Trauma-induced coagulopathy is a central cause of preventable deaths from hemorrhage after injury. The contribution and impact of altered post injury platelet biology on trauma-induced coagulopathy is not well understood despite the pivotal contribution of platelets to normal coagulation and endothelial integrity. The central hypothesis for this study is that severe injury and shock drive altered platelet activation, platelet aggregation, and platelet-endothelial interactions that are associated with increased rates of transfusion, organ failure, and mortality. This study will investigate these causal pathways, mechanisms, and associated outcomes in a prospective observational trauma cohort through collection of biospecimens and detailed clinical data.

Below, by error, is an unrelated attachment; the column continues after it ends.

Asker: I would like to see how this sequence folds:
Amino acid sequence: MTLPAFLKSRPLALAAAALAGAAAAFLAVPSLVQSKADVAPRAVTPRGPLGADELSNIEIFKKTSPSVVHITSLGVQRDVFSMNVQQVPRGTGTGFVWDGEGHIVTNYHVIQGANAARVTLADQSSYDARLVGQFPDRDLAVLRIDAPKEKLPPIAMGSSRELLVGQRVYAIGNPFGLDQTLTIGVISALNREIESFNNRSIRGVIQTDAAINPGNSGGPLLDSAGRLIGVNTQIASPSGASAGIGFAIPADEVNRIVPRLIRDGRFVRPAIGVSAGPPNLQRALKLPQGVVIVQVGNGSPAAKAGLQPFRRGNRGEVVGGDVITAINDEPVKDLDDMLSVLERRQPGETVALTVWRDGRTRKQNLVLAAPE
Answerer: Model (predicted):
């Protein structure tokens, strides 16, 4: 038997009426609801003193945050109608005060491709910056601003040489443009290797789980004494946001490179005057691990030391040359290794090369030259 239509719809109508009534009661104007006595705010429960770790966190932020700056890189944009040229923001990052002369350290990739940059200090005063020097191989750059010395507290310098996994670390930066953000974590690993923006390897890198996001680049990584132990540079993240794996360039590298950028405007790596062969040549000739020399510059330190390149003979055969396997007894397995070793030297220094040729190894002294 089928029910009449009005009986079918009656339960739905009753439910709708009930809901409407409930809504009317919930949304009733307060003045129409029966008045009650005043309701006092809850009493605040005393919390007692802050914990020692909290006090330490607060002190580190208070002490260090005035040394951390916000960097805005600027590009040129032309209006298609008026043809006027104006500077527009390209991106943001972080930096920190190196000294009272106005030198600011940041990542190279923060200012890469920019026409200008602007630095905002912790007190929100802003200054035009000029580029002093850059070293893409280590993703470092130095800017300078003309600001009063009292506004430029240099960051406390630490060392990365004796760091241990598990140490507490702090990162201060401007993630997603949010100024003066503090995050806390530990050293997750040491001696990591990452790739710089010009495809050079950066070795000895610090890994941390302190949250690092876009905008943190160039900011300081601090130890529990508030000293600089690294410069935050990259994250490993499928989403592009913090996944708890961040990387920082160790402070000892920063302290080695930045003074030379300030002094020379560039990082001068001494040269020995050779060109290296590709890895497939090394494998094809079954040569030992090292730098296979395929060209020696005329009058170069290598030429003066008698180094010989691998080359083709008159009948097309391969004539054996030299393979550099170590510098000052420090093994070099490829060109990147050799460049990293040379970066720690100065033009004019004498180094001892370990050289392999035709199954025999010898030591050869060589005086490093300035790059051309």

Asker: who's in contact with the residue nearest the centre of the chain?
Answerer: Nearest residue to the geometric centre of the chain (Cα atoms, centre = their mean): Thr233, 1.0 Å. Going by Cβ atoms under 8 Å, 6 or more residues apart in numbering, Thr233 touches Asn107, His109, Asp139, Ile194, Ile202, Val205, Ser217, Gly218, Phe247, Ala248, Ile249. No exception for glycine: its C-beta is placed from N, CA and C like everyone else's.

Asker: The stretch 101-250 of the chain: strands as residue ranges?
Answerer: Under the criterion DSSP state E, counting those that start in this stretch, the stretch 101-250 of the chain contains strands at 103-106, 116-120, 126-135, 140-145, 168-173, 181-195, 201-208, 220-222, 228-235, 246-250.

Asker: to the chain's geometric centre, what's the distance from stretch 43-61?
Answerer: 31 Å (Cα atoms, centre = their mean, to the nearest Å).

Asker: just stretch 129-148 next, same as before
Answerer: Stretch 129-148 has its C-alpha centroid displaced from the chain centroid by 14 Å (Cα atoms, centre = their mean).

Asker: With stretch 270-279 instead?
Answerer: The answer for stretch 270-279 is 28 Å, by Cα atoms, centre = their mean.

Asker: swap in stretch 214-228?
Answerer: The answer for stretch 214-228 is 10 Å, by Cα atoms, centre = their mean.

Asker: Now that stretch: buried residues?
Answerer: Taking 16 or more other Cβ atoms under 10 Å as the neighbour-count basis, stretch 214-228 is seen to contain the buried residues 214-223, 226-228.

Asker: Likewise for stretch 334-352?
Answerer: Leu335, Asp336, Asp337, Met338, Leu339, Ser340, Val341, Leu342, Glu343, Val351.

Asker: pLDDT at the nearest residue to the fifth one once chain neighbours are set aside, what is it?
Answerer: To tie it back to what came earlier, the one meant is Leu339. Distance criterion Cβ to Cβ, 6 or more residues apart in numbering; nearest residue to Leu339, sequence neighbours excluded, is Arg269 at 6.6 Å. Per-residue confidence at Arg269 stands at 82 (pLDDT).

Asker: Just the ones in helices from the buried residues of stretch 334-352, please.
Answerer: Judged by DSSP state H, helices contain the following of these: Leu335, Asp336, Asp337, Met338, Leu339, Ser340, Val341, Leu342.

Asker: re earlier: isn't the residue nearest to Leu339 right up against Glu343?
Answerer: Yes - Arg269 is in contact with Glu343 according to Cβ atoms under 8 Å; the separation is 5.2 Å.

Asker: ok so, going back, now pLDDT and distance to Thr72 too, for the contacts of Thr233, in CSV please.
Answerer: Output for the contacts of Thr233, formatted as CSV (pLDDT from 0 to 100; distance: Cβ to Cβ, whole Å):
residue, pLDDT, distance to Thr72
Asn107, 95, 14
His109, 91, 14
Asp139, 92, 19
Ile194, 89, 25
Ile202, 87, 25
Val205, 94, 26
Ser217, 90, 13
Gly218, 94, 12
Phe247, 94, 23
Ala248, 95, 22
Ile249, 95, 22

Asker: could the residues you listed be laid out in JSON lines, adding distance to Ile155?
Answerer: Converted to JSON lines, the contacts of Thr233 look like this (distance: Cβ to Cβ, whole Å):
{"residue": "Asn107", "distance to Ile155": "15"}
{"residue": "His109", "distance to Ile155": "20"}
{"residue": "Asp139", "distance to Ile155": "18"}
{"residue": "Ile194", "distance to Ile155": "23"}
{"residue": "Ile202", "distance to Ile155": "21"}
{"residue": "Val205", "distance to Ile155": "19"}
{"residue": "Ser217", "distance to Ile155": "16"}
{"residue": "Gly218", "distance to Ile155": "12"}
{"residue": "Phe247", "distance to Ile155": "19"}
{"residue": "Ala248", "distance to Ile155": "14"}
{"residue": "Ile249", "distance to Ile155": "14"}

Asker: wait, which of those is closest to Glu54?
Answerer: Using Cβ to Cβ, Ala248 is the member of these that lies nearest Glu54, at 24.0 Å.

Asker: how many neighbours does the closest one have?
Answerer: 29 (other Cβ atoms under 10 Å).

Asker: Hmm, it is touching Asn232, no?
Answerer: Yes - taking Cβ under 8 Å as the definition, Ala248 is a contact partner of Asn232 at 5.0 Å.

This is a prospective cohort study of trauma patients on admission to the emergency department and for the subsequent 28 days. All adult patients meeting criteria for full trauma team activation and admitted to Zuckerberg San Francisco General Hospital and Trauma center, a level-1 trauma center, are eligible for enrollment. A 20-ml sample of blood will be drawn within 10 minutes of arrival in the emergency department (ED), processed in the central laboratory, and plasma stored at -80°C. Blood samples will be collected immediately on presentation via initial placement of a 16-gauge or larger peripheral intravenous line. Plasma biomarkers of endothelial injury will be measured by enzyme-linked immunosorbent assays (von Willebrand factor, syndecan-1, and angiopoietin-2). Cellular biomarkers of platelet activation will be measured by flow cytometry (platelet-monocyte aggregates, integrin αIIbβ3, P-selectin, and platelet microparticles). Platelet aggregation will be measured by whole blood multiple electrode impedance aggregometry. The effect of post-injury platelets on endothelial integrity will be quantified by in vitro assays of platelet-induced endothelial permeability. Comprehensive demographic data and medical history will be collected from chart review, interviews of patients and family members. Detailed clinical and outcome data is collected including transfusion timing and doses, the incidence of organ failure (Denver Postinjury Multiple Organ Failure Score), acute respiratory distress syndrome (Berlin Definition), infection, symptomatic thromboembolic complications, ventilator-free days, length of intensive care unit (ICU) and hospital stay, and mortality (6 hours, 24 hours, 30 days). In hospital mortality after 30 days will be assessed for all patients. Standard coagulation measures (international normalized ratio, prothrombin time, platelet count) and other laboratory measures will be collected to account and control for other distinct but highly integrated pathways implicated in trauma-induced coagulopathy. The Trauma Registry, a large database managed under guidelines from the American Trauma society, uses chart review to retrospectively assign Injury Severity Scores (ISS) and Abbreviated Injury Scores (AIS).